Median v. Mean v. Total response time

Median v. Mean v. Total response time

When looking at performance of a web page or website it is common to calculate the average response time. In this way you can express the performance in a single number, which is very convenient and easy to communicate. But there is some loss of information along the way – namely the spread or distribution of response times. The screenshot taken from WebTuna shows a typical response time distribution for a set of pages. So which is best: the median, the mean or the total response time?

The median (or 50th percentile or midpoint) is a good way of communicating the typical response time of a user. The median is generally unaffected by outliers i.e. those odd requests with very long response times. The median value will be close to the response time of an actual user i.e. someone will have actually experienced that response time. For a typical web page, the median is generally less than the mean. I try to use the median when talking to end users. In the example above, the median is 4.1 seconds, which is below the target of 5 seconds.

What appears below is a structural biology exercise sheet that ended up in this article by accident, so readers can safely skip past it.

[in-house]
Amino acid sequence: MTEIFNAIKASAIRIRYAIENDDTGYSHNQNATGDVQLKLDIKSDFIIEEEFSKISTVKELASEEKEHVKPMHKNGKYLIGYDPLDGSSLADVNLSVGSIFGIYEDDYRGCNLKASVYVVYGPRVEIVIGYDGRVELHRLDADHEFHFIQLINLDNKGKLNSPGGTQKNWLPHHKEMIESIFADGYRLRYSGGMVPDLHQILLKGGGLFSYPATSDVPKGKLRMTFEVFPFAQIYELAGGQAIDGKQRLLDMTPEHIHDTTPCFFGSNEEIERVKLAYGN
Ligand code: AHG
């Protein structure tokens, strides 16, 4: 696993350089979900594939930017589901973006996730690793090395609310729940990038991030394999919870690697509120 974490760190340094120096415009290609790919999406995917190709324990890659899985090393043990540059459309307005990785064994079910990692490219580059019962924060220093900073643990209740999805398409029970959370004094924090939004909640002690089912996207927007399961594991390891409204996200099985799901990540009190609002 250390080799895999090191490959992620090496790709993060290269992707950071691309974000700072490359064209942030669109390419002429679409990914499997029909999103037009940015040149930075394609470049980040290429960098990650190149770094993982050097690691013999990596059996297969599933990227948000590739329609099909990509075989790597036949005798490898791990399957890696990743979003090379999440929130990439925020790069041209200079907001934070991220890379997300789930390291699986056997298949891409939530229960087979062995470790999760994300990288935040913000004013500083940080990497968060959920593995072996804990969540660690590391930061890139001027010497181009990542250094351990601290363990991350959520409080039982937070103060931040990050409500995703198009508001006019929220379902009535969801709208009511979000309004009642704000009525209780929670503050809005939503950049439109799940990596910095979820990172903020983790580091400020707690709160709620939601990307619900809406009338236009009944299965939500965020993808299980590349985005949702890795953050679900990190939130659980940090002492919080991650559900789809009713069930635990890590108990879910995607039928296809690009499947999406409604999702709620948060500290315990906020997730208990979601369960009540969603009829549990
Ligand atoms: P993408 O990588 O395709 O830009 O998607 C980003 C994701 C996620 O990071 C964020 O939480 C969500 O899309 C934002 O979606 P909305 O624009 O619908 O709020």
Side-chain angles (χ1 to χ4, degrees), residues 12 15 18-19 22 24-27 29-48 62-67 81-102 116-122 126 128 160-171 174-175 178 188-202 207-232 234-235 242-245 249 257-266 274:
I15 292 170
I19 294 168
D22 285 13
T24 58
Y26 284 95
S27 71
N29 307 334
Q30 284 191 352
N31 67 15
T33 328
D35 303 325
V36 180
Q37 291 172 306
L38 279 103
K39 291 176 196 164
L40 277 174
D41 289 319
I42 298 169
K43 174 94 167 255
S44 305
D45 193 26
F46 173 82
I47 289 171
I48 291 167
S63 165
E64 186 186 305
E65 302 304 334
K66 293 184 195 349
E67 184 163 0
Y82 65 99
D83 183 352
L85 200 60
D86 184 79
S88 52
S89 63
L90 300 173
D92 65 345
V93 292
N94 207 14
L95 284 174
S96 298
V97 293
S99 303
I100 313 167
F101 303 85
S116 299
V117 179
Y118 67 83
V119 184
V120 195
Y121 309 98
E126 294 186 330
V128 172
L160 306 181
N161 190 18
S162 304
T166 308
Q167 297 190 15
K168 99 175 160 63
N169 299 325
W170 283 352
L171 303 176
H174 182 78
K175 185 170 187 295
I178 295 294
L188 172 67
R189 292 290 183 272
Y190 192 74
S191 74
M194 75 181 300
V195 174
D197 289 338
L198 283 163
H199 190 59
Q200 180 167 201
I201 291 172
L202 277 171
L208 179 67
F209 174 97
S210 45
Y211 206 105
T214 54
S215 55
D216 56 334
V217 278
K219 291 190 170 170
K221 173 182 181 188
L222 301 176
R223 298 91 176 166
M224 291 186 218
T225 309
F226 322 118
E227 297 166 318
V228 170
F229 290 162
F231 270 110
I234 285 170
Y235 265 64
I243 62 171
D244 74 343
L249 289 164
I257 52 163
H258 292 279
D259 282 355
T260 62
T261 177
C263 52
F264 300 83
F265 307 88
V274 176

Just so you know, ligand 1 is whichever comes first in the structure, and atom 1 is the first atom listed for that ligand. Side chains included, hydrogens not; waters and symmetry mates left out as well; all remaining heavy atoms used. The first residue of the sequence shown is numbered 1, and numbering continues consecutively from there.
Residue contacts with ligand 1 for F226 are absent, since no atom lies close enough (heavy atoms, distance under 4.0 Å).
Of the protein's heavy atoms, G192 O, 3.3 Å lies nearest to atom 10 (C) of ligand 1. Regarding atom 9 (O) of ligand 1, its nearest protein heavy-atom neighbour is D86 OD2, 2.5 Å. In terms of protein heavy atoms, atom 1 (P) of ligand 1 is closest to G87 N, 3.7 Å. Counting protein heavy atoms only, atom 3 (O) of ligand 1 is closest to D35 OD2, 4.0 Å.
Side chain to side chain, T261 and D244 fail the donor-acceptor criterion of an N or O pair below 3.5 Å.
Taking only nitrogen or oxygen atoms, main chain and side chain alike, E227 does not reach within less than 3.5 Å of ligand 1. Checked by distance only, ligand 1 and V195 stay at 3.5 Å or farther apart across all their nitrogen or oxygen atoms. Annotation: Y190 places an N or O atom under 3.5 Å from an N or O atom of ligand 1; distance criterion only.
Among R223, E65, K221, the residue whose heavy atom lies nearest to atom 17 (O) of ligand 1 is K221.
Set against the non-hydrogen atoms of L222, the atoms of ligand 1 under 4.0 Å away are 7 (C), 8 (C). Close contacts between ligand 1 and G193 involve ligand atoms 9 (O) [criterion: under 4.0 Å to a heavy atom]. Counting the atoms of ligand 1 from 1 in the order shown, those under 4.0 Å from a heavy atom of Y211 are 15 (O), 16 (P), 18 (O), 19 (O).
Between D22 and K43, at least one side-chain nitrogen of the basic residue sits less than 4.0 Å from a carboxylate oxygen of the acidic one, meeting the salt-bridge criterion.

The total response time, and its closely-related friend the mean (total response time divided by the number of requests), is a good way of understanding the effort required to deliver a page. In principle, the longer it takes to deliver the page, whether it is at the browser, in the network, on the web server or in a database, the more work something is having to do. Those outliers become important because they can distort the mean quite dramatically. From a tuning point of view the total response time (and mean) is more useful. But note the mean may not actually be a value that any user has actually ever experienced. If you have a very skewed distribution of response times with perhaps some fast, cached responses together with some very slow, non-cached responses then the mean will fall somewhere in between. When talking to operations teams and developers I use the total response time (total effort time) and the mean. In the example above, the mean is 5.8 seconds, which is above the target of 5 seconds. I do of course, also include the standard deviation (or 95th percentile) as a way of describing the the distribution.

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